1502 - Juao de Nova (E)



James Bay


I, Juao de Nova, 
Admiral of the Portuguese navy
was given notice to despatch with all haste,
as an advance party with three ships,
to reinforce de Cabral, the Portuguese commander in India.
who was engaged in battle.
After a stormy passage along the West Coast of Africa
and around the Cape of Good Hope
we entered the Indian Ocean before finally arriving at our destination Calicot.
There we  met, attacked and defeated a fleet of the Zamorin,
ruler of Calicot and I was, thereafter, 
appointed Commodore of the fleet returning to Europe.

Having rounded the tempestuous Cape of Good Hope
and steering a steady course through the great South Atlantic Ocean,
running my ships before the south-easterly trade winds,
a sailor at the mast-head called out 'Land aho!'
On the horizon lay what appeared to be a huge rock,
over which lay a blanket of cloud,
rising dramatically out of the ocean.
It being 21st May 1502, St. Helena's day,
I immediately named the unknown island St. Helena.
We dropped anchor in a bay
on the sheltered, northerly side of the island,
under the lee of the towering cliffs and,
finding in the deep valley opposite our mooring
a stream of sweetest fresh water, immediately set out to explore.

Since the harbour at the Cape of Good Hope
was neither a good, nor a safe one
and in some situations an extremely dangerous one,
I was instantly aware of the vital importance
of the discovery of this  unexpected, gigantic  rock, 
with sheer barren cliffs,
in the path of the constant south-easterly trade winds. 
It was the very place needed as a victualling station
for our ships returning home from the east.
In future,
once a ship had successfully weathered her way around the Cape,
all that need  be done was to set all sails and run before the trade-winds
until St. Helena and a safe anchorage was reached.

We found no inhabitants on the island
but sea-birds, sea-lions and turtles galore
which fed on the many  fishes which teemed in the sea.
We regularly found numerous large flyingfish lying on the decks.
These night-time visitors,  of a very sweet and delicate taste,
probably attracted by the lights on the ship,
were often eighteen inches long and weighed up to twenty-six ounces.
Numerous porpoises, sometimes more than fifty together, 
apparently following the abundant shoals of mackeral,
were perceived at the mouth of the bay, 
and in the sandy sediments and rock crevices my men caught  eels,
of which the bodies were scaleless, of a most delicious flavour.   

The terrain was mountainous but, in contrast to the precipitous coast,
the interior of the island was  covered in dense forest,
and there was a plentiful supply of herbs and fruits
and many springs of fresh water.
Yet there was a surprising lack of land birds
and the only one  apparent was small with spindly legs
which ran along the ground,
occasionally taking flight and skimming over the land for short distances.
Though so small that one had sight of the ocean from every vantage point,
traversing the island was no easy feat
for it was criss-crossed by deep, break-neck valleys and ravines, which
appeared to have been  hacked out by some gigantic hatchet.
The rock formations were bizarre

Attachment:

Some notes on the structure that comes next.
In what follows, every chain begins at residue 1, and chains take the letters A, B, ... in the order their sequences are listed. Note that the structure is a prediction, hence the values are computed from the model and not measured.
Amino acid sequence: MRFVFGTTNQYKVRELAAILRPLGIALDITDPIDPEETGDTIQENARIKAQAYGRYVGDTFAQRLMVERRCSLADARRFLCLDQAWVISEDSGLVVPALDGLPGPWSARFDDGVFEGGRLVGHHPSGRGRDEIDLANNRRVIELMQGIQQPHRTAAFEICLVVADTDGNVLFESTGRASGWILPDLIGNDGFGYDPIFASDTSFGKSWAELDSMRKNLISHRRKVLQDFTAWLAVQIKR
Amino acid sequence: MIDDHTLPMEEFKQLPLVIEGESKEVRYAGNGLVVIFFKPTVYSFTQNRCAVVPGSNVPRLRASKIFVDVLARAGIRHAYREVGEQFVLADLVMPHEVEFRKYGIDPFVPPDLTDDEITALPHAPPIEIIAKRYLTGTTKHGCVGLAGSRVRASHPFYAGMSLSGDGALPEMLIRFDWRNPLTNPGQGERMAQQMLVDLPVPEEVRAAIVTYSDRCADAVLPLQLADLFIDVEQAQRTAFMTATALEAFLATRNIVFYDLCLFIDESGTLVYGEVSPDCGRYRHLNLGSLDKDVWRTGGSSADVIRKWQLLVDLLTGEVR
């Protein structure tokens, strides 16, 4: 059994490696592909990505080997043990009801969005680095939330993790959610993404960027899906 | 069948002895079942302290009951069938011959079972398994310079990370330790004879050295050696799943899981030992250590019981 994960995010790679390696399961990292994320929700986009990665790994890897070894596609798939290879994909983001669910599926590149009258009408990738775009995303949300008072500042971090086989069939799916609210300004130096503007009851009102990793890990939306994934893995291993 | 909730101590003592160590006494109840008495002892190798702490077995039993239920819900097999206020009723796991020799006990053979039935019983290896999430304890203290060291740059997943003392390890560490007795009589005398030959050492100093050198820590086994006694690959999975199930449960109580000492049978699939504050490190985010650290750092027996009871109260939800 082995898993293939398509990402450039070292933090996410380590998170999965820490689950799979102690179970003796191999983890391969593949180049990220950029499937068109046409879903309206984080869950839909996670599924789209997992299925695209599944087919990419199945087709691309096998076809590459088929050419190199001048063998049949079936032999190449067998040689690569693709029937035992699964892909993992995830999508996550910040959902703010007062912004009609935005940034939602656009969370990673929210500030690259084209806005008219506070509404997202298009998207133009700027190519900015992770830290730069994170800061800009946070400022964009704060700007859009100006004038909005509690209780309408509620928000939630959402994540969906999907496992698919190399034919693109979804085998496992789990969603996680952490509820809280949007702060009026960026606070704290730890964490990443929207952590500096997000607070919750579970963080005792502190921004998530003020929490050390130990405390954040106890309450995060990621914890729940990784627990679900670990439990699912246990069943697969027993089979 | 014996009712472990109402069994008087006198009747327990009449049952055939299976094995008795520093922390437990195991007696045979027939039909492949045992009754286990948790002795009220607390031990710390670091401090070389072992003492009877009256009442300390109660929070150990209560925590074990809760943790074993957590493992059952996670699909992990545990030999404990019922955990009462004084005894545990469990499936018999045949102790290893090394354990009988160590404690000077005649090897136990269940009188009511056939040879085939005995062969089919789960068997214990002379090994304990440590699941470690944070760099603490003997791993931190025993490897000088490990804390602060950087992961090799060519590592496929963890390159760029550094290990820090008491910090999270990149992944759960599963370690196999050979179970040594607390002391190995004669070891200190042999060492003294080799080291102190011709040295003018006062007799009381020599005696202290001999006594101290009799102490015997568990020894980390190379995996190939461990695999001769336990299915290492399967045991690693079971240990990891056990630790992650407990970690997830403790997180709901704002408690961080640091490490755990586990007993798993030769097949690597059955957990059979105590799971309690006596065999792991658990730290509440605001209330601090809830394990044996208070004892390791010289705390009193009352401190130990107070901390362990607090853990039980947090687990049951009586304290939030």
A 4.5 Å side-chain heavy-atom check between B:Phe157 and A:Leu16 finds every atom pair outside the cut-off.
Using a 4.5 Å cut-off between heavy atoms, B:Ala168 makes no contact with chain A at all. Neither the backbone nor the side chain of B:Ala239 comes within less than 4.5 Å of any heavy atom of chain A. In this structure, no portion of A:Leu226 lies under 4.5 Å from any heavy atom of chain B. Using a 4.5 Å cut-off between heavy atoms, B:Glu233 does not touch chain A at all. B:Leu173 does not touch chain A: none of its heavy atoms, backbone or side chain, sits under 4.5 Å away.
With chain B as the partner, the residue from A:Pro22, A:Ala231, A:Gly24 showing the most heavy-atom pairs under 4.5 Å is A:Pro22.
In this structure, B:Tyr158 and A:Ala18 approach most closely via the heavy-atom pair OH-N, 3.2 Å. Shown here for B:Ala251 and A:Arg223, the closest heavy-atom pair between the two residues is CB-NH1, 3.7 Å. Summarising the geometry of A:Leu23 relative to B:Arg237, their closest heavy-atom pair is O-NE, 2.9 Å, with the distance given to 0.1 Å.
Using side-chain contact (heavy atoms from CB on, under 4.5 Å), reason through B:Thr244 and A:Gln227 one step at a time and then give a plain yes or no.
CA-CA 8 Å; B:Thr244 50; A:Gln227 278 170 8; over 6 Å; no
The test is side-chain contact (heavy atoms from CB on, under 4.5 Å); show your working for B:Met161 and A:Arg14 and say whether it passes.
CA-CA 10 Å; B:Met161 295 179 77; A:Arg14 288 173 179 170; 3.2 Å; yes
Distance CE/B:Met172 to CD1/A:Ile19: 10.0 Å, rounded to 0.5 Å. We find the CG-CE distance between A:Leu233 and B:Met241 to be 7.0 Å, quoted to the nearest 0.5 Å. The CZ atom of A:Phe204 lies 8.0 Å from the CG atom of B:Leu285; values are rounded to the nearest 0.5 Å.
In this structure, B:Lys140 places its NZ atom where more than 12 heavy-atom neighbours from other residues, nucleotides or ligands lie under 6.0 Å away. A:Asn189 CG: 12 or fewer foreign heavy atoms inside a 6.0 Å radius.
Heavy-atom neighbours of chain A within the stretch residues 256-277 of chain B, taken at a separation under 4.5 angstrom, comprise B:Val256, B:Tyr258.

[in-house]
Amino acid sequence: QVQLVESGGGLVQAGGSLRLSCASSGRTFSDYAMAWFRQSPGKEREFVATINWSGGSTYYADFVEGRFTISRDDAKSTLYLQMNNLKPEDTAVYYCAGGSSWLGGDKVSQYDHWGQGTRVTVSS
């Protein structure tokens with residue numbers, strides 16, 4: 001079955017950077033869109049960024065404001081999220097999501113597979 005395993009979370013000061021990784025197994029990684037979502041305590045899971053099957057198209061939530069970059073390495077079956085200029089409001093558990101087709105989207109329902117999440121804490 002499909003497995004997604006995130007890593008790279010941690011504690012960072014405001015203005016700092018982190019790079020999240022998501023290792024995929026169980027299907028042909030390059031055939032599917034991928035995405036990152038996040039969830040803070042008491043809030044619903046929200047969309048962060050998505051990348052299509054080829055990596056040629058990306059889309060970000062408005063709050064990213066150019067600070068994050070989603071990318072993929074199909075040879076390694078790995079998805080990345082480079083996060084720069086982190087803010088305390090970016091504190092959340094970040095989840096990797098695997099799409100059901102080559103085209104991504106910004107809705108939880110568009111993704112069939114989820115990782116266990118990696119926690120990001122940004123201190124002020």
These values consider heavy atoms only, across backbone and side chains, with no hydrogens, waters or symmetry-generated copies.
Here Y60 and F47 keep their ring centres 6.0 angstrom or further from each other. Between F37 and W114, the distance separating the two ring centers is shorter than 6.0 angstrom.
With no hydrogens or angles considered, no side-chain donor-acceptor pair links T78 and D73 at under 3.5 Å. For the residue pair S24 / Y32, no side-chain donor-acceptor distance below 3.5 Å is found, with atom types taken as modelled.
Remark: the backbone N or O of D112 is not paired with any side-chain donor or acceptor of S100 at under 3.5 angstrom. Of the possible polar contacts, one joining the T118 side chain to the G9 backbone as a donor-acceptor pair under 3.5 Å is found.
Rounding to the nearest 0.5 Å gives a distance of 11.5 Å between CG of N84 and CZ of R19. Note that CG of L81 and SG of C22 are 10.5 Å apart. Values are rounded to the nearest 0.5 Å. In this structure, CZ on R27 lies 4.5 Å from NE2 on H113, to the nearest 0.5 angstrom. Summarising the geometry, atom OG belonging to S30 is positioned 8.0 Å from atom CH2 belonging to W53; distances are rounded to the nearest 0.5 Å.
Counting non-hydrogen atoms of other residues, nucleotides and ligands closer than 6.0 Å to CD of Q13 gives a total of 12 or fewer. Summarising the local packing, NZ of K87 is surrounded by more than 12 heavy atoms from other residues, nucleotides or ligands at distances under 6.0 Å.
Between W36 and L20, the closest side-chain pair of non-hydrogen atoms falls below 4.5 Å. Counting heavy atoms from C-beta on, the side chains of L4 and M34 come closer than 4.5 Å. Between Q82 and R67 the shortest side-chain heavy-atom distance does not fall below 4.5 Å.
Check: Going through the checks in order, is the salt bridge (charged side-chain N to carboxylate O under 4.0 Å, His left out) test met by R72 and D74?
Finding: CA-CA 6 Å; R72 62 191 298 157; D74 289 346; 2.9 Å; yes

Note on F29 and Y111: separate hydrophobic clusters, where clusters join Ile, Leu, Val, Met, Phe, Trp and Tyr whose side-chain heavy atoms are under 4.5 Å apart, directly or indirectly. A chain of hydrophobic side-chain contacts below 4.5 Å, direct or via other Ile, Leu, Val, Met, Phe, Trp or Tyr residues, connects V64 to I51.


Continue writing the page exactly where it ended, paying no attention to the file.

the earth of every conceivable hue. 
The hills in the distance purple, red and all shades of ochre against the deep blue of the atlantic ocean.
 
On the wetter, central peaks, we  found many  strange plants.
Giant ferns, showing more resemblance to  palm trees, 
grew to a height of about twelve feet,
their trunks covered with hair-like, random roots; 
their dark green fronds more than a meter in length.
What appeared to be a gigantic, spreading cabbage,
growing up to about twelve feet high,
was also conspicuous. The leaves, thick and fleshy,
crowd towards the ends of the branches
which are dark green in colour,
with  dense clusters of terminal flowers surrounded by leaves. 
And we noted that some of the seeds 
fall on the rugged trunk of the giant ferns and germinate there.

The temperate weather, 
though with stark differences between the arrid coastal areas
and the wetter interior zones,
bears a strong resemblance to the mediterranean climate
and little what-so-ever
to that of main-land Africa  at the same latitudes;
the mountainous terrain and the trade winds having an  equable affect.

We remained many days on this earthly paradise.
My men regained their health and strength
after the long and arduous voyage from the East
and  we replenished our provisions and water supplies.
At the upper part  of the fertile, boulder-strewn  valley,
at the base of a little, heart shaped waterfall,
we sowed  many lemon, orange and lime seeds and vegetables. 
And in the high-lands, we  left behind us a few goats
to supply fresh meat and milk
for subsequent visitors.

One of our carracks,
having succumbed to the dreaded ships worms,
that grow the length and girth of a man's arm,
was no longer seaworthy and had to be  broken up.
Armory and tackling was drawn ashore, 
and with her timbers
my men built a small chapel at the mouth of the fertile valley,
which shall, henceforth,  be known as Chapel Valley




Calico:
named after Calicot, India, where the fabric originated.
Mentioned by historians even before the christian era.
It is a plain weave cotton material in one or more colour,
having an equal number of warp and weft threads,
and was praised by early travellers for its fine texture and beautiful colours.